The viewer allows users to explore these models in detail—rotating the items, isolating different components of them, measuring them with built-in tools and creating specific views that can be shared over social media or embedded on a website or blog post just like a video. It also makes it possible to take a virtual guided tour of the object (by clicking on the globe icon), with text, images and video that accompany a specific set of views and let users learn historical and scientific background. “The 3D explorer allows you to tell a story,” Rossi says. “Essentially, you can use the 3D model as a scaffolding to tell the history of an object.”
The Digitization Office staff see dozens of potential uses for these models: Teachers can use them as education tools, researchers can use them to analyze their own artifacts and share them with colleagues, and most of all, they’ll allow the public to more easily appreciate millions of Smithsonian objects, both on display and hidden away in archives. Once, plaster masks—such as the mask of Abraham Lincoln made shortly after his death, above—were the height of technology used to preserve the three-dimensional shape of a specimen or artifact. Now, digital capture of an item’s contours in three-dimensions can be done with lasers and computer software.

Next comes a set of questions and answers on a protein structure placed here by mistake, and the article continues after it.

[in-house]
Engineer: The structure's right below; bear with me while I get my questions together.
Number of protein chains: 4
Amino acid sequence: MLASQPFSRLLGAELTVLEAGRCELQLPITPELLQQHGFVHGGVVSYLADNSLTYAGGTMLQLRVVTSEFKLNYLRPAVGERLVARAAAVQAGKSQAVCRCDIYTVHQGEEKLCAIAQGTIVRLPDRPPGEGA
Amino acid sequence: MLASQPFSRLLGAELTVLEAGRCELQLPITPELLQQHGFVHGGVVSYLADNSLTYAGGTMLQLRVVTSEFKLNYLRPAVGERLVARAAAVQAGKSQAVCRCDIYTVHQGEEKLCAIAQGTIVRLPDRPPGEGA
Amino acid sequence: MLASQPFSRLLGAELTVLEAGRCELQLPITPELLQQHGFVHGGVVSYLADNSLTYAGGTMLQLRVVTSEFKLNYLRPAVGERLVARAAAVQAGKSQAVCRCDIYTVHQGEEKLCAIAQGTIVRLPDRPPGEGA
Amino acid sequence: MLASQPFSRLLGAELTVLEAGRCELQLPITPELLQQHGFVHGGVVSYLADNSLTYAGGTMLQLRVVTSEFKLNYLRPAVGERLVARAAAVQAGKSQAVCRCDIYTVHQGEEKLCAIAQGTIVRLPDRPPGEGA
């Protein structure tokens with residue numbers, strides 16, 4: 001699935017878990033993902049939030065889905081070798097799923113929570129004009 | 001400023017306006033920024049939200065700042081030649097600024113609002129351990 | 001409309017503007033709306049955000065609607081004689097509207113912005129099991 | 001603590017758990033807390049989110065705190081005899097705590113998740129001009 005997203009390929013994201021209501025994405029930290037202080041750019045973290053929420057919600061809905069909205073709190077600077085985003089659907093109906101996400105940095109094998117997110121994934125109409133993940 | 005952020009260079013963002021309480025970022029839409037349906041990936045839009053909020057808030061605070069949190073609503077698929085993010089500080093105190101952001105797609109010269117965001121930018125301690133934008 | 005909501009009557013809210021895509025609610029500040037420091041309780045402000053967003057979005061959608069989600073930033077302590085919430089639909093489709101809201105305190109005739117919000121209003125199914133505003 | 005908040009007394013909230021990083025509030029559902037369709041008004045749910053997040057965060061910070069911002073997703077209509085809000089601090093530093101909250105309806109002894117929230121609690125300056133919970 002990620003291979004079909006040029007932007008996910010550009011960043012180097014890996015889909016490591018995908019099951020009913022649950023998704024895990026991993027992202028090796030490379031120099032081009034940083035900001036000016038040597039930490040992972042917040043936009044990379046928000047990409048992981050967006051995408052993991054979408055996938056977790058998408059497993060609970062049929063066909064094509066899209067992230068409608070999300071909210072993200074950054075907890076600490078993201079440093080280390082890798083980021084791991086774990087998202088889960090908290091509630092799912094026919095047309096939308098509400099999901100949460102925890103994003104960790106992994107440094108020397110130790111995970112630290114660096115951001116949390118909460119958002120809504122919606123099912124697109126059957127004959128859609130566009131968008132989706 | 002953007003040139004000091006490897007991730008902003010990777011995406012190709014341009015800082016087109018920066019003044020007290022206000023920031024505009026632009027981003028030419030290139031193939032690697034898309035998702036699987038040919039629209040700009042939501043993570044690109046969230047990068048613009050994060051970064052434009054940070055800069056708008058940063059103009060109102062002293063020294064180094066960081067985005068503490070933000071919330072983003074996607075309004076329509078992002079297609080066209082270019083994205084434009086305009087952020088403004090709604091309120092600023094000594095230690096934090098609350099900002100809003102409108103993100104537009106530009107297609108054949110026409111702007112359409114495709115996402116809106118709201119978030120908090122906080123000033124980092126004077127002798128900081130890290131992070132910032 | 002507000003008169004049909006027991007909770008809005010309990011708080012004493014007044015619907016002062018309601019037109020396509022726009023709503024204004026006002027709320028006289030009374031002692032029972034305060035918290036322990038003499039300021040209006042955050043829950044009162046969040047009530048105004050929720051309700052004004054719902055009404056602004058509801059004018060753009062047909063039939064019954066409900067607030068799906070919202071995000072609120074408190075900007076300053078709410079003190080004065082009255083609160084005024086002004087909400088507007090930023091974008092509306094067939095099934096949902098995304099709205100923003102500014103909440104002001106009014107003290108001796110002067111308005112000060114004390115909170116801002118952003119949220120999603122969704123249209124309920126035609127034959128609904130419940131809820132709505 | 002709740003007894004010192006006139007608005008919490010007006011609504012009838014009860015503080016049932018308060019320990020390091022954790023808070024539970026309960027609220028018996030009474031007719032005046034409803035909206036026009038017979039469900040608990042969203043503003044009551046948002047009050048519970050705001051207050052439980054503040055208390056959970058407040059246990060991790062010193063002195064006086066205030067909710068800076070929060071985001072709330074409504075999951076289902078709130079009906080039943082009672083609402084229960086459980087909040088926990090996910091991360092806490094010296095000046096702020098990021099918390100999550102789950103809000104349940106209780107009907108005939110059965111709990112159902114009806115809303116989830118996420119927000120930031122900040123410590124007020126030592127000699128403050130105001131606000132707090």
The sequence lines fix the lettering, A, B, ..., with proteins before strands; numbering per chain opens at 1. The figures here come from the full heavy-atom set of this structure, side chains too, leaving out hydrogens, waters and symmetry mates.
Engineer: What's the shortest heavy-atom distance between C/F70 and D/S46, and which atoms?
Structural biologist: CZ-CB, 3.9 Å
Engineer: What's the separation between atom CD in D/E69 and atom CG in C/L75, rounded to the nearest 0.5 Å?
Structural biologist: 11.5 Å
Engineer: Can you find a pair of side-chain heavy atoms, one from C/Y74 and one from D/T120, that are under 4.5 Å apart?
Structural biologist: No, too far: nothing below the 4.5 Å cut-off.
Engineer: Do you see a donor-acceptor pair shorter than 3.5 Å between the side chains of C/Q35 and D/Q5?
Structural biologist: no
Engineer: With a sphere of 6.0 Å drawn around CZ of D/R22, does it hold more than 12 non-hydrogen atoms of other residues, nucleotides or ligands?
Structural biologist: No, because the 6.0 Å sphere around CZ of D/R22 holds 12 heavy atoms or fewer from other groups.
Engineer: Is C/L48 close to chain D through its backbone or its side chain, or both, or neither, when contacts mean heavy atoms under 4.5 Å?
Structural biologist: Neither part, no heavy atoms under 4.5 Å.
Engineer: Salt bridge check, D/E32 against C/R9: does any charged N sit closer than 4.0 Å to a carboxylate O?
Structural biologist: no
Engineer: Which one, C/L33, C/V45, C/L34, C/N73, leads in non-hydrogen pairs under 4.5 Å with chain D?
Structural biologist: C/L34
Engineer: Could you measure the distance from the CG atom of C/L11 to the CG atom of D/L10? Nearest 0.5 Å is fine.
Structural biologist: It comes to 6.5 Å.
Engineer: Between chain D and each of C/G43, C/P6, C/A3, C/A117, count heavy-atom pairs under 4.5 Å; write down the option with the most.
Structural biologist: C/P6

In addition to the compressed versions of these artifacts available in the viewers, the Digitization Office has also made the full-size 3D datasets available for downloading, which will let users use 3D printers to recreate the objects in full detail at any scale. Although 3D printing at home is still in its nascency, they’re becoming increasingly economical, with base models now available for a few hundred dollars. “We think the implications of this are pretty big,” Rossi says.
So far, the Digitization Office has scanned hundreds of objects. For the first batch of viewable items, they chose a sampling that represents all of the fields of inquiry the Smithsonian is involved in—art, history and science, conveyed with priceless artifacts, ancient specimens and, in the case of an orchid, actual living organisms.